Putting that into more layperson terms coordinates are a description of a space we use, they are not something underlyingly physical. The bijective requirement means that if you are unable to convert one coordinate chart into another such that each point in the space is represented by one and only one set of coordinate values in each chart then you've extended your coordinates beyond their range of applicability. If you attempt to ignore this you find you are led to nonsense results as things like smoothness and differentiability are lost, your equations fail to reflect the thing you're describing.

This can be reformulated into a more preferable point of view by working in coordinate free formalisms or instead constructing things like topological invariants. A 2-sphere is topologically inequivalent to a plane, therefore you cannot cover a 2-sphere consistently using only one chart. If you add a 'point at infinity' to the plane then you can (its known as the Riemann sphere). If you don't then you need to cover the sphere in at least 2 'grids'.

This isn't something people just said "Oh I can't think of good coordinates" or "I don't like that I can't invert this", the fact there are structures which are inequivalent to Euclidean space is a huge thing. The notion that spaces can have geometry unlike Euclidean space was shocking even Gauss didn't publishing his work on hyperbolic geometry till after he was dead!

I've already linked you to an example of how a lack of global coordinates comes up in physics. There's an extension of that in QCD which relates to CP violation. The fact certain particle decay processes don't behave exactly symmetrically can be viewed as the fact you can't formulate global coordinates for a gauge field. That CP violation is the reason there's more matter than antimatter, its the reason we exist!

No, you are being naive. You don't understand the role multiple charts play in not just GR but just about every area of physics. You don't realise the vastness of material that exists on it, making up probability millions of man years of research! You have no first hand experience so you assume that if you just ignore the issue of such things as the North pole problem for a sphere then you're okay. Wrong. Its a common mistake to think that something you haven't is easy. Do you think its just a matter of "surjective okay, injective bad!"? Do you think that everyone in the last few hundred years of research into non-Euclidean geometry and manifolds has been compartmentalising their research so that they don't remember 'injective' and 'surjective' when doing coordinates? That no one during their research managed to recall two of the most common concepts in mathematics and what role they might play in mapping between spaces?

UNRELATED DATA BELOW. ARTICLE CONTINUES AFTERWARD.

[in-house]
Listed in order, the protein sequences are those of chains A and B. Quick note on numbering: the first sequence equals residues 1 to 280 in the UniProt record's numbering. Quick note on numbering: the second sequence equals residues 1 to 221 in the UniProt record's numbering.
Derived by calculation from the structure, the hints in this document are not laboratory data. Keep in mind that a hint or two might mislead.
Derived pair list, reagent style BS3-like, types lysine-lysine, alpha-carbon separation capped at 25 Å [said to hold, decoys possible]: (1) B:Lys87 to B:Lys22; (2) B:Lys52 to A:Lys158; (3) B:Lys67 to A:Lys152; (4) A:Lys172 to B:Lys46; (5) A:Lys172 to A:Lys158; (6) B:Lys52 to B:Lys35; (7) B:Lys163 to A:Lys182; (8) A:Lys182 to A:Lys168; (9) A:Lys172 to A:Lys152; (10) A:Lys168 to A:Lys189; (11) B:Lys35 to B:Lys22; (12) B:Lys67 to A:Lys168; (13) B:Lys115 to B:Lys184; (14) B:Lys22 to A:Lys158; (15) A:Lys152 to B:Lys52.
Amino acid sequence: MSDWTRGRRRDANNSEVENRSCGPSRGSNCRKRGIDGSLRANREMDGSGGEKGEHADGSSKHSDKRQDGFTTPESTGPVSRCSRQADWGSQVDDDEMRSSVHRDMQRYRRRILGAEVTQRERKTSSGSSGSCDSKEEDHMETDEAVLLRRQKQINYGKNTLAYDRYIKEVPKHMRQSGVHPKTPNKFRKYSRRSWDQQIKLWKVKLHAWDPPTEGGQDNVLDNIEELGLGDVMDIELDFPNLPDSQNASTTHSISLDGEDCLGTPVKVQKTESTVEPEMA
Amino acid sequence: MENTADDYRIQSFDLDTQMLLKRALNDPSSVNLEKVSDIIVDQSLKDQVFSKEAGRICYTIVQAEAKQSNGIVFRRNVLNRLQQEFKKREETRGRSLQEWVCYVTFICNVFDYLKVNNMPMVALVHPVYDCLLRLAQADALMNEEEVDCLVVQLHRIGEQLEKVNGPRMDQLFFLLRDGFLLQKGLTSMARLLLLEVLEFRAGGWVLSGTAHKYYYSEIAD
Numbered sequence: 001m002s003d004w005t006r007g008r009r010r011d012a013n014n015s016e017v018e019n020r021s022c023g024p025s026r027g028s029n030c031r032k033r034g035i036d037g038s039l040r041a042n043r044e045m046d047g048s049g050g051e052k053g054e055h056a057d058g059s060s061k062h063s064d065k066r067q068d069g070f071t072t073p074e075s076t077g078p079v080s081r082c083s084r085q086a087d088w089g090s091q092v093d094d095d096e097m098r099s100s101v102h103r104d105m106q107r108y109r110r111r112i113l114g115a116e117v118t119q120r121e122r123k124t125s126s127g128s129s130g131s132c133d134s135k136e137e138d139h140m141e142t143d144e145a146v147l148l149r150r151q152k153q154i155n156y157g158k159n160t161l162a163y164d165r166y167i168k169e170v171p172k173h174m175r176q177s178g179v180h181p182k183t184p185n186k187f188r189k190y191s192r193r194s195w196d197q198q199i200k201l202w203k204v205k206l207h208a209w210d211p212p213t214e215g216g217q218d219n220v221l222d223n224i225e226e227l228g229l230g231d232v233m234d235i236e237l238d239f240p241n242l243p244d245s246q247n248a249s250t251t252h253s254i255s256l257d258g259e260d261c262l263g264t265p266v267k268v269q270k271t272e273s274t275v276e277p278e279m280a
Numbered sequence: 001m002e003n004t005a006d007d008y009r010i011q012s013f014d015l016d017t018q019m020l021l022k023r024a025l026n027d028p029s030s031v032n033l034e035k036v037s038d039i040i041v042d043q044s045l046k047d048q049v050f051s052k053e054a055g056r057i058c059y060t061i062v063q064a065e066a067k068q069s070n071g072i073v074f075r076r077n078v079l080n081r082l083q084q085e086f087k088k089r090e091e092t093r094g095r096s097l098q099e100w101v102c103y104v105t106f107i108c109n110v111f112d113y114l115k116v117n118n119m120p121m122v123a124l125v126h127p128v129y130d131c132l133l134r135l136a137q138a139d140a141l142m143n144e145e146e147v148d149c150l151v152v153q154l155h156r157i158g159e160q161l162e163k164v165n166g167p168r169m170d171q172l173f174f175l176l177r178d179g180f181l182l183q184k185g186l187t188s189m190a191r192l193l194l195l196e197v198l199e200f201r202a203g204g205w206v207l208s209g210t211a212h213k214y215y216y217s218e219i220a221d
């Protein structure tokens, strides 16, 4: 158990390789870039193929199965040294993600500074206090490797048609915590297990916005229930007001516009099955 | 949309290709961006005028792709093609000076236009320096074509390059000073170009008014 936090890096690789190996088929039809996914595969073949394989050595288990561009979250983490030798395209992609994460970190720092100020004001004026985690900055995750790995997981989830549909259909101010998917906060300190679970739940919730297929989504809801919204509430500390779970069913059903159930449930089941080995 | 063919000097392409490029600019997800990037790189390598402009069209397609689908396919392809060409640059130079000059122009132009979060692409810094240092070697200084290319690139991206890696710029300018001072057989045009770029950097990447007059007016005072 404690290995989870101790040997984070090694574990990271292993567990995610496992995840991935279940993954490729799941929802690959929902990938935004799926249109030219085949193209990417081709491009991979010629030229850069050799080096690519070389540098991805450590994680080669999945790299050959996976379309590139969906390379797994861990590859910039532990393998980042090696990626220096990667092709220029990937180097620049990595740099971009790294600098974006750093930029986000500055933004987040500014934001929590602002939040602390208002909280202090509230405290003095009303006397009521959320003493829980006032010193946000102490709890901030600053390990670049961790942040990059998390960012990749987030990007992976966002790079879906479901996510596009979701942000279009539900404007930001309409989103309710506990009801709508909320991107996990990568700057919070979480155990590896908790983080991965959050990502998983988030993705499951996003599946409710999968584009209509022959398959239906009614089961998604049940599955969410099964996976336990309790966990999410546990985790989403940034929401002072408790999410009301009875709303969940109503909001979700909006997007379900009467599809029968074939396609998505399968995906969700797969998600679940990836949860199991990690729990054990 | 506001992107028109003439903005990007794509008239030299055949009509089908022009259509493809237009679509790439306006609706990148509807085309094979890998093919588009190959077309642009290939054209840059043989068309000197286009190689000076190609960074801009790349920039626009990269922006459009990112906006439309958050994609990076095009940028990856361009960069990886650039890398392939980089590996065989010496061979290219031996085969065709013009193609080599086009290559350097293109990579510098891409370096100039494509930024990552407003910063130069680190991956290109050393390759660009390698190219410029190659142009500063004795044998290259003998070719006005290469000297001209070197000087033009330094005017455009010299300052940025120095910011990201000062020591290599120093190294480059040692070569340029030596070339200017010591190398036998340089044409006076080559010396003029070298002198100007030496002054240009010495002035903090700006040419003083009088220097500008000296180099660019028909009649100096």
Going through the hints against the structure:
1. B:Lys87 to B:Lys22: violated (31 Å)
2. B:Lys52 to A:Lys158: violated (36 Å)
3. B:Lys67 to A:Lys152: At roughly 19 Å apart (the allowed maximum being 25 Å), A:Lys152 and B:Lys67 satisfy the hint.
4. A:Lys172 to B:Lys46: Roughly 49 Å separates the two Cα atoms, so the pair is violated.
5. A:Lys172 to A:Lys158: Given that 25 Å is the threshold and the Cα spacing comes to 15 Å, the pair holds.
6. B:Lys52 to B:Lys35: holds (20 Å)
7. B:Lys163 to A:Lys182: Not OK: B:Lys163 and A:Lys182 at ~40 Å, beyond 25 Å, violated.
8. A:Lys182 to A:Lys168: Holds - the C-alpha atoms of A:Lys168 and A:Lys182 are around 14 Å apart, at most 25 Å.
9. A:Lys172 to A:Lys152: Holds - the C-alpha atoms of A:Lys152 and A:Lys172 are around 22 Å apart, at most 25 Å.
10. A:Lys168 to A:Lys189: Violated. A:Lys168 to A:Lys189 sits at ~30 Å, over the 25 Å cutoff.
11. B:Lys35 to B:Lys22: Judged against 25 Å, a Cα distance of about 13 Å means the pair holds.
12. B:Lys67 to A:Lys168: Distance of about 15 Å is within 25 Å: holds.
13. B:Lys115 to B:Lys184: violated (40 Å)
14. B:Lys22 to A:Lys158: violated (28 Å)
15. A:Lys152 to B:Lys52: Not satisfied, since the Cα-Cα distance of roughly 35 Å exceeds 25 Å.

I'd say false. To a first approximation for a small mass falling towards a big black hole then its true but if the in falling object is of comparable mass then no. The Einstein Field Equations are non-linear, you can't object the space-time for 2 objects by working out the space-time for each object individually and then summing them, else mutually orbiting black hole decays would be easy. Most astronomical systems are sufficiently close to the small mass approximation to be good enough. In the world of quantum gravity that isn't the case. Prometheus and I happen to have done work in this area (not together). I did work which looked at how a 7-brane sat in the background space-time generated by an infinite stack of 3-branes. To first approximation you can work out a gravity dual to the mass gap and chiral symmetry breaking in QCD-like theories and when you add in a back reaction due to the 7-brane no longer being 'a probe' you get Goldstone modes associated to the broken symmetry.

You're on our home turf telling us our business despite the fact you have never been in this business or anything close to it. There's no shame in saying "I was wrong" or "I don't know" but you seem to have dug yourself deeper because of your unwillingness to say it. But like I said, if you think we're all wrong feel free to write up your work and send it to a journal, see what they say.

16. ### RJBeeryNatural PhilosopherValued Senior Member

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Chapter 7...
OK this is interesting...by this do you mean 2 grids with differing pole axes? So you're saying you could use one grid for all areas except the poles, and for those you would use the other grid? Sounds to me like the same thing as adding the "point of infinity" as you mentioned. Unless there is a way to specify each point using "both grids" or something?

I frankly still don't see the problem with a surjective coordinate system describing reality. I see this the same as listing another dimension (say, q) for a point on the xy plane. Any or all q will do and the point itself is not "in doubt" (x,y,q=any of infinite values). This doesn't make that point's existence difficult to accept. And I know it's frustrating to you that I value common sense when interpreting reality, but I DO have a problem accepting an injective coordinate system in describing that reality. I reject the EH for the same reason many Physicists reject the Singularity. It's called REALity, after all, and if we cannot describe it mathematically then it simply doesn't sit well with me.